Granted the show does pick up near the end. Were it not for needlessly hammy dialogue and a penchant for pantomimey theatrics, Windom Earle might have had potential as a villain. And the last episode is one of the most amazing things I've seen on television - though it's clearly of its time, nothing has quite matched what Lynch achieved with the Black Lodge sequence. Plus it isn't until the very end that the mythology on which most of FWWM is based is properly introduced. Basically if you threw the whole series into Final Cut, lanced out five or so hours of weak subplots and cheesey moments, you'd have an amazing overall story (surely some geek out there has done this already?).
One of the big white whales for Lynch geeks like me has been the promise that somewhere there exists literally hours of footage shot for FWWM that didn't make it into the final edit, chiefly vignettes involving characters from the series that otherwise don't make an appearance. Various versions of the film's script include these and, overall, it reads like a more cohesive Inland Empire, one bound within the Twin Peaks universe. Omitting the scenes made sense to keep the film about Laura Palmer's battle with the demonic BOB, but for devotees of the show like myself who realistically assumed it wouldn't return, these scenes have been something of a holy grail. Last month, over 11 years after I first became fascinated with the movie (and over twenty for those who were there at the time), this appeared:
I'd always hoped they'd see the light of day but assumed it would be in a dusty, found in a vault somewhere, low-resolution state that most deleted scenes from old movies show up as.
This shit looks fucking amazing.
It's like watching a trailer for an entirely new film in which the main cast have managed to sidestep twenty years of aging (and, in some sad instances, death). And we're being told they've put nearly 90 minutes of it together. I am a happy little cinephile, my friends.
If that weren't enough, something popped up on Twitter last month that got my attention:
What. The actual fuck. Does THAT mean? I asks ya...
If Faith No More start producing new music (a conclusion I don't want to set myself up for the disappointment of not being the case but that a lot of music news outlets have drawn) the same month that the deleted scenes from Fire Walk With Me are released...holy shit, we could just call it: 2014 wins. It'll be an amazing day regardless but when I see them on 4th there might very well be some indication of what exactly is going on. In the meantime I'm watching their Twitter feed like a fucking hawk.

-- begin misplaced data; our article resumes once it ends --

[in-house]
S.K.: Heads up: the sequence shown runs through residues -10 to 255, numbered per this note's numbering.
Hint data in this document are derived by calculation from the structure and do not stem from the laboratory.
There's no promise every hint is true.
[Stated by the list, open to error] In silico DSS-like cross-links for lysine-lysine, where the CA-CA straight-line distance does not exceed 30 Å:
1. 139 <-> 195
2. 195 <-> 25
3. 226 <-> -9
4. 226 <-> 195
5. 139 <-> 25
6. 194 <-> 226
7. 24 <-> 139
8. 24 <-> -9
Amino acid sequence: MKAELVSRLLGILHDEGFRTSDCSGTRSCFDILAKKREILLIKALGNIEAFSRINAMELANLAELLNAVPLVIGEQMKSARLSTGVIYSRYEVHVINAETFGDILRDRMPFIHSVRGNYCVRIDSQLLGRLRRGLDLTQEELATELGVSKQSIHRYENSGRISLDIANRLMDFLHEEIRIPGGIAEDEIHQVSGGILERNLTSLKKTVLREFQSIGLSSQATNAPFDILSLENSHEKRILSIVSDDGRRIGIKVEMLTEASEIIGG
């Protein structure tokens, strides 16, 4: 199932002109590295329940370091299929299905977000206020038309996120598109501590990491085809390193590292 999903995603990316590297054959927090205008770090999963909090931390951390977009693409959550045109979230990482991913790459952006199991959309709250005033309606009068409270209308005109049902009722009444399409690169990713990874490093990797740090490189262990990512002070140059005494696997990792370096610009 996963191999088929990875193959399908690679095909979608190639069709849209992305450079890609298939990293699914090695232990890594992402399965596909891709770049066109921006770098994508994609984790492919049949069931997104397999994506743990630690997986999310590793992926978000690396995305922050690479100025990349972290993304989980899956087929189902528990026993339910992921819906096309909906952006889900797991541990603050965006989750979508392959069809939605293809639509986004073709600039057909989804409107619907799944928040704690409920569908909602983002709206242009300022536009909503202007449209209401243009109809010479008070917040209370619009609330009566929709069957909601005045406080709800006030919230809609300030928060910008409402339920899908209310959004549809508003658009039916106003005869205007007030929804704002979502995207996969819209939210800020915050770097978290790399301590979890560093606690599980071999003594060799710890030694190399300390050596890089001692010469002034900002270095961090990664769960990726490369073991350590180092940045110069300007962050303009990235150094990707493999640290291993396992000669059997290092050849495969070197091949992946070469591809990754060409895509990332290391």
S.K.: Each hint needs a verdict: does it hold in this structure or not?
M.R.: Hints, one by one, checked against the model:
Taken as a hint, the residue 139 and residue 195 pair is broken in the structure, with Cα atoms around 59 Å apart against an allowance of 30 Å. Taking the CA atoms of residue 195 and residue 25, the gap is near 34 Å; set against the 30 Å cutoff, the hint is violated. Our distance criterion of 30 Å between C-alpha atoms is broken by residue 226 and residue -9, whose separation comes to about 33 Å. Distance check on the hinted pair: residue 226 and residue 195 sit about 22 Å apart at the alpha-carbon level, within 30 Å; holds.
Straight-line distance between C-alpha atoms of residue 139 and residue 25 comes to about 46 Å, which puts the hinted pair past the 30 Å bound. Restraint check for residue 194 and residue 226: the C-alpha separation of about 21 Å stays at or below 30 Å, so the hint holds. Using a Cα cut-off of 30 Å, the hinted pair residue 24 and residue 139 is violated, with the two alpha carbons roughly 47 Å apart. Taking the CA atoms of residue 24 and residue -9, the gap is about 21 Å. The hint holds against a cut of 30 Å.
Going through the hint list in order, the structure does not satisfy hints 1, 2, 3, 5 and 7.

Wednesday, 14 May 2014

Content Providers
This week on Skwigly we have a nice, stodgy clump of new content to rub into your ears and eyes. Firstly there's a slightly overdue new podcast featuring special guest Tim Searle, currently working on Mr. Bean whose other credits include Warren United, 2DTV, I Am Not An Animal and Have I Got News For You. Also on the podcast Laura-Beth chats to up-and-comer (well, to an extent he's both upped and come, but I'm sure there's plenty more upping and coming ahead for the fellow) Eamonn o'Neill on his work including I'm Fine Thanks and Left, while Steve and I keep things topical by giving The Return of Jafar the dressing down it deserves.
I'm also happy to say that this week sees the launch of a new video strand which we'll be hosting on our thus-far-underused YouTube channel. Dubbed Lightbox, it will serve as a series of mini-documentaries on all things animation. As with the site itself, this will span TV shows, interviews, major feature films, independent projects, behind-the-scenes goodness, all that jazz.
The first few weeks will mainly consist of videos we've already showcased in some way or other, after which we'll be keeping them as their own separate thing, with our Vimeo channel reserved for longer-form content like documentaries and such.
Fine young panelists
On a not-entirely-unrelated note, the Bristol Comic Expo panel events I participated in over the weekend were a success, so thanks again to Dani Abram for the invite and getting it all sorted. We managed to get it recorded so there's a good chance some of it will materialise in some form or other soon.

Tuesday, 6 May 2014

Geeks Like Me
It's been another dry spell on the blogging front. As predicted a while back, things have been busier than ever (with some extra, unanticipated time drains thrown in) but I'm cautiously optimistic life will return to relative normalcy late June/July. In the meantime here's a quick note to say I've been invited to participate in two animation-themed panels at this year's Bristol Comic Expo. They start at 1pm this Saturday (the 10th), the first one is on working in animation which I'll be on the panel for, the second's on Bristol animation studios which I'll be presenting. Lots of other talented folk will be there, including animation stalwarts Rumpus, Upstart Thunder and Wildseed. If you're in Bristol and fancy swinging by that'd be mighty delightful, more info including tickets and venue can be found here.